Paul Addison concludes his famous study of British politics during the Second World War by stating, ‘Such was Mr Attlee’s consensus, the new dispensation which began after Dunkirk in 1940, and until recent years seemed to be the natural order of British politics. We were all — almost all — Butskellites then’ (Addison, 1975: 278). Whether one agrees with Addison that there was a period from 1940 until the election of Margaret Thatcher to the office of the leader of the Conservative Party in 1975, which can meaningfully be understood as a consensus in British politics, or whether we interpret this period in rather less anodyne terms, it is, nonetheless, a fruitful starting point to examine whether the Conservative—Liberal Coalition has been a transformative government. Without an appreciation of post-war British politics one lacks the necessary historical data to measure the 2010–15 Coalition. Addison’s thesis is well known; the Labour governments of 1945–50 and 1950–51 set in motion a set of far-reaching social, industrial, foreign and defence reforms underpinned with the economic doctrine of Keynesian demand management, and it is because subsequent Conservative governments did not stray significantly from Labour’s post-war policy diet, that it came to be regarded as ‘Mr Attlee’s consensus’ (ibid.).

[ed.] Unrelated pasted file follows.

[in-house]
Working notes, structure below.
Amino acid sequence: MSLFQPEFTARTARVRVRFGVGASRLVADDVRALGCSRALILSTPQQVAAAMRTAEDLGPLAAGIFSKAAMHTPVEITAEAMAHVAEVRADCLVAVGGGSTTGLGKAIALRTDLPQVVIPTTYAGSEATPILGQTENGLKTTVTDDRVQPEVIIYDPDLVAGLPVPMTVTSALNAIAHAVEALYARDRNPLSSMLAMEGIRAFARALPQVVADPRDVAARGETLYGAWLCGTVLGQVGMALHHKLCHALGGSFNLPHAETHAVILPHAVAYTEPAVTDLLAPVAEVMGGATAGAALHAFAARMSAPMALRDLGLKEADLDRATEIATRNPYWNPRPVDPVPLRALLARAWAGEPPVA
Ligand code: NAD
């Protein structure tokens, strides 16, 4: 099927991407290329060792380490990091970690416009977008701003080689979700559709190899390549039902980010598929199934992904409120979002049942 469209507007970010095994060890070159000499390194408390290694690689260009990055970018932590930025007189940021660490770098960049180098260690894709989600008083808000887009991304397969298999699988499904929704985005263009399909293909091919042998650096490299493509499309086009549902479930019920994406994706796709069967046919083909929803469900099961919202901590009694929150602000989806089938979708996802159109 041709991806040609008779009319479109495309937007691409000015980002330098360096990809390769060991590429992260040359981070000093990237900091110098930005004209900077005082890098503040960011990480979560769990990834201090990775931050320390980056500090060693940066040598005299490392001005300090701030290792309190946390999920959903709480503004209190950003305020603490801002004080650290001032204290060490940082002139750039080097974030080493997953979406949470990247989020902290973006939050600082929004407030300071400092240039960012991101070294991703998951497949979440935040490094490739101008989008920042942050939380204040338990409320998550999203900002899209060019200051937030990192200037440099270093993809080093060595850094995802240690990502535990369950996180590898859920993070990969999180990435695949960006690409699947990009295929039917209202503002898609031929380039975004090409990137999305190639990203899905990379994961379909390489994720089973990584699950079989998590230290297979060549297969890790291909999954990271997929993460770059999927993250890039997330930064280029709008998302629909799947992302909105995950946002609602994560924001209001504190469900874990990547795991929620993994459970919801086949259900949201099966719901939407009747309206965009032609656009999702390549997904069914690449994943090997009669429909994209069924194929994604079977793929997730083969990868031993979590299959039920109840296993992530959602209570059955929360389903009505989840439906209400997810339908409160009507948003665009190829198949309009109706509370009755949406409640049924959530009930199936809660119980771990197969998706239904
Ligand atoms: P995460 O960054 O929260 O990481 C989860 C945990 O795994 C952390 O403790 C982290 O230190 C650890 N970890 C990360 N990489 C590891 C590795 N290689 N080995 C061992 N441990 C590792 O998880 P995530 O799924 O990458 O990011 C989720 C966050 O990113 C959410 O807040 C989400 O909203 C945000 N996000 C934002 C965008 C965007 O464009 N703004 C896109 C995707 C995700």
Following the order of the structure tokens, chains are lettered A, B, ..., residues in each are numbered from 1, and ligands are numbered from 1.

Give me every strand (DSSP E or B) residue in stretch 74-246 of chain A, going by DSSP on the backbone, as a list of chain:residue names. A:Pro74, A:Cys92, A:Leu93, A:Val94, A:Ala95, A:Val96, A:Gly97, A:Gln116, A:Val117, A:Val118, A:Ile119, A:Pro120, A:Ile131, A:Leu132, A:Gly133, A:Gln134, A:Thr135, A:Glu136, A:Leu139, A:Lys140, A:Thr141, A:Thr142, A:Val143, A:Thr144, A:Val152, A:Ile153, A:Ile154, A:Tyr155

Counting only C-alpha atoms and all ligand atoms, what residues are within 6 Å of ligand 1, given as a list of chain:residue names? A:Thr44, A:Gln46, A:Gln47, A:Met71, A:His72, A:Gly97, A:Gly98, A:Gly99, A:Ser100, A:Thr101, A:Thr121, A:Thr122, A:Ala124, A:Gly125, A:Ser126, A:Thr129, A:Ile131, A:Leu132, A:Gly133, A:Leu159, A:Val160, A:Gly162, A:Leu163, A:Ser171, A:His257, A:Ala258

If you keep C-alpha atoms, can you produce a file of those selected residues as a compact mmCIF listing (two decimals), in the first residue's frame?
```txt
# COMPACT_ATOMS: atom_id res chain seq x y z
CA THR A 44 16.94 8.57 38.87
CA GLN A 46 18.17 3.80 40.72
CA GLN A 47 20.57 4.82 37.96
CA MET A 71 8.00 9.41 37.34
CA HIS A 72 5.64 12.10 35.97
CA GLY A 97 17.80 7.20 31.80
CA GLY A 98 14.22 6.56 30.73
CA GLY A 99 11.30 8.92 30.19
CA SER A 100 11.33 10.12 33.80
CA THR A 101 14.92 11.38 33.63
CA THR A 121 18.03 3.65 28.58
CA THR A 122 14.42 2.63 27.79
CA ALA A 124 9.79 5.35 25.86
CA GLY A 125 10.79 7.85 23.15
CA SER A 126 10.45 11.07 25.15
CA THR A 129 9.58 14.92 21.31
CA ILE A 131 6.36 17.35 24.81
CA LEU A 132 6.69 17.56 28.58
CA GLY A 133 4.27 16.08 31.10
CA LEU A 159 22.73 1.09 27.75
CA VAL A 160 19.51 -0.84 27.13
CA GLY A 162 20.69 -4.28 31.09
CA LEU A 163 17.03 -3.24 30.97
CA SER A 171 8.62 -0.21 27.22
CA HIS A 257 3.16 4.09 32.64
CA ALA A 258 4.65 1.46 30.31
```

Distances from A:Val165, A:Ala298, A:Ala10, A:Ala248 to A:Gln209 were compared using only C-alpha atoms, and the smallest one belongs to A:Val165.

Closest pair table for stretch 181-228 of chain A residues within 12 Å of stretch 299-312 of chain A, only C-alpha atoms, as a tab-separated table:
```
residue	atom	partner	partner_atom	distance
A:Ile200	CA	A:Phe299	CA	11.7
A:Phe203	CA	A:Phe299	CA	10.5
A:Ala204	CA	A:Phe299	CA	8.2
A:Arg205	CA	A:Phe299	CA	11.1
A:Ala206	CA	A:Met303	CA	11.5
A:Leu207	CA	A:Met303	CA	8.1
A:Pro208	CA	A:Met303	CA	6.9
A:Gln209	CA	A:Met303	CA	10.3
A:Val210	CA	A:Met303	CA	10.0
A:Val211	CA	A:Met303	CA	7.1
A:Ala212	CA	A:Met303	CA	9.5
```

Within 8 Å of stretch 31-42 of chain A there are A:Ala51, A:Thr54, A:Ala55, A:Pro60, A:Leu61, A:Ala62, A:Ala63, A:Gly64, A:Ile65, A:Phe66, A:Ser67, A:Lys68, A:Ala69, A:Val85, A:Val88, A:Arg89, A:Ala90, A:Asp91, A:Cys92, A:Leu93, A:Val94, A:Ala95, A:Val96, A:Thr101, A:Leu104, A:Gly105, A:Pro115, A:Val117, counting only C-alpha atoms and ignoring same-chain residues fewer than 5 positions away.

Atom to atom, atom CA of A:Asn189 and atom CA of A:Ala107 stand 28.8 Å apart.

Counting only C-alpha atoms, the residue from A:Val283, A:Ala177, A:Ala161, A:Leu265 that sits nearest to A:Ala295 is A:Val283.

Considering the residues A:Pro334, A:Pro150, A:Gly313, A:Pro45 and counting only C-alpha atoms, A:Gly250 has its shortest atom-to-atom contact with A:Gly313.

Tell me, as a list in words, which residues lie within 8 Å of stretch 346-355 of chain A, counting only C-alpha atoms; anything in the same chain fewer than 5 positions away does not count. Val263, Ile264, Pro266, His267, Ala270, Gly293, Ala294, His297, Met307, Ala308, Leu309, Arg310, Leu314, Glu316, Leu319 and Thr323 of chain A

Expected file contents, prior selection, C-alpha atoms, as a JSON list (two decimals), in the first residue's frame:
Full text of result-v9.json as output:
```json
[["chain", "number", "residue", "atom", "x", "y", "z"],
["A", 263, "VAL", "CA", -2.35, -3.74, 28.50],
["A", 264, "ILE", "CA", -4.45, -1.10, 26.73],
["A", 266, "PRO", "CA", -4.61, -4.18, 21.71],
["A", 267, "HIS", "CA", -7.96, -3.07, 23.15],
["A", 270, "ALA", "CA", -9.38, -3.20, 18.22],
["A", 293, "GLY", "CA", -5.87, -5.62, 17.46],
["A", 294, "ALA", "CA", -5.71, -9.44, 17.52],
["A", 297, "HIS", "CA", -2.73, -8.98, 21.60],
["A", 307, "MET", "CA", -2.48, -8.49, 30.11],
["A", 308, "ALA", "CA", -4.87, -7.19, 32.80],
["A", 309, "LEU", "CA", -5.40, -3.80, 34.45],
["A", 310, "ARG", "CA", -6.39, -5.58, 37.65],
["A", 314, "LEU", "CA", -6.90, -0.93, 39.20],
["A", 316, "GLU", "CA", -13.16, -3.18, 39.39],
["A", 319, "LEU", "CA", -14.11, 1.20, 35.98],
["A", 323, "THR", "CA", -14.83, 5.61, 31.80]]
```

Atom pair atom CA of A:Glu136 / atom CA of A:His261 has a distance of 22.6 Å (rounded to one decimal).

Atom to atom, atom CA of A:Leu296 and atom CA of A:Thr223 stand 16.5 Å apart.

Beech, M. (2015). The Coalition: A Transformative Government?. In M. Beech, & S. Lee (Eds.), The Conservative-Liberal Coalition : Examining the Cameron-Clegg Government (259-269). London: Palgrave Macmillan. https://doi.org/10.1057/9781137461377_17